Simply put, a “shell company” is a business entity that doesn’t actually do anything. Shell companies do not have business operations, and they typically do not own any assets. 

A shell company may hold cash. However, unlike most businesses, shell companies generally do not own property, inventory or equipment. Shell companies often do not have physical offices or employees. 

Shell companies are not inherently wrong or illegal. However, criminals use shell companies as tools to move or hide funds generated through illegal activity, or to avoid paying U.S. taxes. The Corporate Transparency Act aims to expose financial crimes by identifying anonymous shell companies used by bad actors.

Who Is FinCEN?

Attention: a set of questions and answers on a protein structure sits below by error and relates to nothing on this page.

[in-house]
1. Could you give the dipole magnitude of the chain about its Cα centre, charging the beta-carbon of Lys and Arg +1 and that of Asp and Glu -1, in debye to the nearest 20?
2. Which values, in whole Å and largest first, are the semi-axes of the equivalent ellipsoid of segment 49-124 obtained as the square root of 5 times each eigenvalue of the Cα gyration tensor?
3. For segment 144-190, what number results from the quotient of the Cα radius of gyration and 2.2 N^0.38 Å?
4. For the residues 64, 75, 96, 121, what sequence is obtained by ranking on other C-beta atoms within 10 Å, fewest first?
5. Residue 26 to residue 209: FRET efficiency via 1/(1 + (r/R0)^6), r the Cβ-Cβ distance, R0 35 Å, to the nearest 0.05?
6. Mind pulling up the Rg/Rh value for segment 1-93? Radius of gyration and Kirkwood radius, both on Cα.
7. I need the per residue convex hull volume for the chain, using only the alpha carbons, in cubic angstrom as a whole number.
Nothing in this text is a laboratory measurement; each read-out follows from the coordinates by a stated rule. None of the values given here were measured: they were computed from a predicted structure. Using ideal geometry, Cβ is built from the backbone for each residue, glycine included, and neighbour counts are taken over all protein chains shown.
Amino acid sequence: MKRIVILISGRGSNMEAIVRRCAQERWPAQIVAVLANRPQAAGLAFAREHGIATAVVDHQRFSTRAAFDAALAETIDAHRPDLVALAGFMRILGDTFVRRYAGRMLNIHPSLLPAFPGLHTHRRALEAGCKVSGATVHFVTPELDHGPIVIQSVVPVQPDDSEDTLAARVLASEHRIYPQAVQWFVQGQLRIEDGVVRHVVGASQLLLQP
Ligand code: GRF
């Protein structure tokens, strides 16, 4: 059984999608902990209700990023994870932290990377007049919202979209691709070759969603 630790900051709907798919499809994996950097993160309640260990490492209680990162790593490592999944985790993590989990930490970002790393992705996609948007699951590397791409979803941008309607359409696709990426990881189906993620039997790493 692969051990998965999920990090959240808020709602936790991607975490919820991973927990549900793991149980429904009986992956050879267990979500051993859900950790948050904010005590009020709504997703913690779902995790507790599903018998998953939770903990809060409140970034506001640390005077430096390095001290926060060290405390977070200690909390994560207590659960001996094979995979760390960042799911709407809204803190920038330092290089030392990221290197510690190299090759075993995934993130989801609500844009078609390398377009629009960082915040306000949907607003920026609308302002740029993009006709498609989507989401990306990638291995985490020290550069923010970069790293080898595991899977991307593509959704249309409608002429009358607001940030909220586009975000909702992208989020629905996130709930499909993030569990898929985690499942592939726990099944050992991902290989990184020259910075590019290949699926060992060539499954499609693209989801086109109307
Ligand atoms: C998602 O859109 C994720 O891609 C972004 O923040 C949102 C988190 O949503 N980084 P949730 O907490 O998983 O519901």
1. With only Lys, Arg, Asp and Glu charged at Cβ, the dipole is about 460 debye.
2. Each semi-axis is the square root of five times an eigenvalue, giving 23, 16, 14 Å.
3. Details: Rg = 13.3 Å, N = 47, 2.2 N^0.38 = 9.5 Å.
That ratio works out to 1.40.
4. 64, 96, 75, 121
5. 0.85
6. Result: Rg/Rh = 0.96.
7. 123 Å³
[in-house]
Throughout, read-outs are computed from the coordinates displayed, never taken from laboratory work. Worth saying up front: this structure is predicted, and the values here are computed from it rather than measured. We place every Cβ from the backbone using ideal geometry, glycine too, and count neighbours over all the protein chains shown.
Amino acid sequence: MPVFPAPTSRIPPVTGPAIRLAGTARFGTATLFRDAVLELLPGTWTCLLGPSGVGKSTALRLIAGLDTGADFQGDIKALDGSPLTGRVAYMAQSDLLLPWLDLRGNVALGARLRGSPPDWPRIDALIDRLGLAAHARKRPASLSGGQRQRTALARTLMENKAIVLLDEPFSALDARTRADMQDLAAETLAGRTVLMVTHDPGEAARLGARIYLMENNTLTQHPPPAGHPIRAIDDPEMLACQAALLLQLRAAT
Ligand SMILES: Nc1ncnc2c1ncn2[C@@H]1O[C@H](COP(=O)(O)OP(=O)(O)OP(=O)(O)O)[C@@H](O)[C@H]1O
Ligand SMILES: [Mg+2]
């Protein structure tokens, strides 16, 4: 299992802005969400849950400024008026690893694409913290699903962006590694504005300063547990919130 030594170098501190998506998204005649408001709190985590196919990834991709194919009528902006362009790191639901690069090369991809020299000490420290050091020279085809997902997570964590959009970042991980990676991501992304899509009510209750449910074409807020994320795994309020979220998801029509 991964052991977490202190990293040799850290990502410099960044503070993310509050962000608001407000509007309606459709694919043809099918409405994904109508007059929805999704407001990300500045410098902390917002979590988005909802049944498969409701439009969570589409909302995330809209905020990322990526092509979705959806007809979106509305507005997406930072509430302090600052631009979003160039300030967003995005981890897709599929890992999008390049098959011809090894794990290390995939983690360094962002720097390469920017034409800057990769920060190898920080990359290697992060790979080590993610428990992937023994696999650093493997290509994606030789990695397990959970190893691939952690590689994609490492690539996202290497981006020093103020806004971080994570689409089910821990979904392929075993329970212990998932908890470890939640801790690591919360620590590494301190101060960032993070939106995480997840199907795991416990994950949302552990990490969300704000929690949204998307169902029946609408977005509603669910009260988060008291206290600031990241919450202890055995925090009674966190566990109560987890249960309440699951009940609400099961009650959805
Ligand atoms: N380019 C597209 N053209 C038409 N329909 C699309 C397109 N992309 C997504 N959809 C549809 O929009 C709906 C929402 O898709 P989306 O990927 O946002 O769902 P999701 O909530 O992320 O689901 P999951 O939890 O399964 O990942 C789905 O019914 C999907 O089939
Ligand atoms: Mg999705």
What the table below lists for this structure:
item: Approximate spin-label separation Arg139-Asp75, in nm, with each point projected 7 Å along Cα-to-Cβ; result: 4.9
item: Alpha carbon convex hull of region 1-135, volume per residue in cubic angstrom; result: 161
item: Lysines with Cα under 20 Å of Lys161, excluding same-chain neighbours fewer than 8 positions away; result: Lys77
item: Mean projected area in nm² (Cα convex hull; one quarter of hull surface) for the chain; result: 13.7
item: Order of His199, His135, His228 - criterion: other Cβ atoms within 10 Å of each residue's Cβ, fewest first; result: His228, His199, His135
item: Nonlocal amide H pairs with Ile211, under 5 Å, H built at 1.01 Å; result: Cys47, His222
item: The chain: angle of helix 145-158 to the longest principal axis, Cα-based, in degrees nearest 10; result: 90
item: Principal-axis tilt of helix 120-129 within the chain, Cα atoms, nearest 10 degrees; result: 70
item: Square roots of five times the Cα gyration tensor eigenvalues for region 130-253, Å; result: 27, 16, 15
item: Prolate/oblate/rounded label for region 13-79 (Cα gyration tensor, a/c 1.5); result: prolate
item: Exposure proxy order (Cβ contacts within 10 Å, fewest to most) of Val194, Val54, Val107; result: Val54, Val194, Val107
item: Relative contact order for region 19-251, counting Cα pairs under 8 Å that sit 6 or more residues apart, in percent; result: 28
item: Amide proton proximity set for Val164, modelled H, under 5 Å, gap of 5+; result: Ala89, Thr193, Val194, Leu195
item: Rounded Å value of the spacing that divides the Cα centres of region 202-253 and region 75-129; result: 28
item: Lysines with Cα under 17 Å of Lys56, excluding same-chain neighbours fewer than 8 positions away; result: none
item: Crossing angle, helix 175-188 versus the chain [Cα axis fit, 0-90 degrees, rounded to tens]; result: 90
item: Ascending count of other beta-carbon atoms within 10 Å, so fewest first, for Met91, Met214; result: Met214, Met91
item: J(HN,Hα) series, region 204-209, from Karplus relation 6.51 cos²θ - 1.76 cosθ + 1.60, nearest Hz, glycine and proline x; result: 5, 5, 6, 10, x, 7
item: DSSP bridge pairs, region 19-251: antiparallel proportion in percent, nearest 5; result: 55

The Financial Crimes Enforcement Network, or “FinCEN”, is a U.S. government agency whose mission is to fight financial crime at home and abroad. FinCEN is part of the U.S. Treasury Department and works closely with banks and financial institutions to analyze financial transactions and prevent potential crimes. FinCEN also helps both domestic and foreign law enforcement agencies with investigations by sharing financial data and intelligence. 

The Corporate Transparency Act (CTA) tasks FinCEN with collecting Beneficial Ownership Information from U.S. businesses, managing a secure BOI database, and enforcing the reporting requirements . 

What Businesses Need to Comply With the CTA?

Businesses required to comply with the Corporate Transparency Act and BOIR receive the label “reporting companies.” Here is a list of entities considered reporting companies:

  • Limited liability companies (LLCs),
  • Corporations,
  • Limited partnerships (LPs),
  • Series LLCs,
  • Public Benefit Corporations
  • Statutory business trusts,
  • Foreign companies registered in the U.S., and
  • Any entity created by a public filing. 

Any entity created by filing formation documents with a state government is a reporting company under the CTA. This includes nearly all LLCs and corporations in the U.S.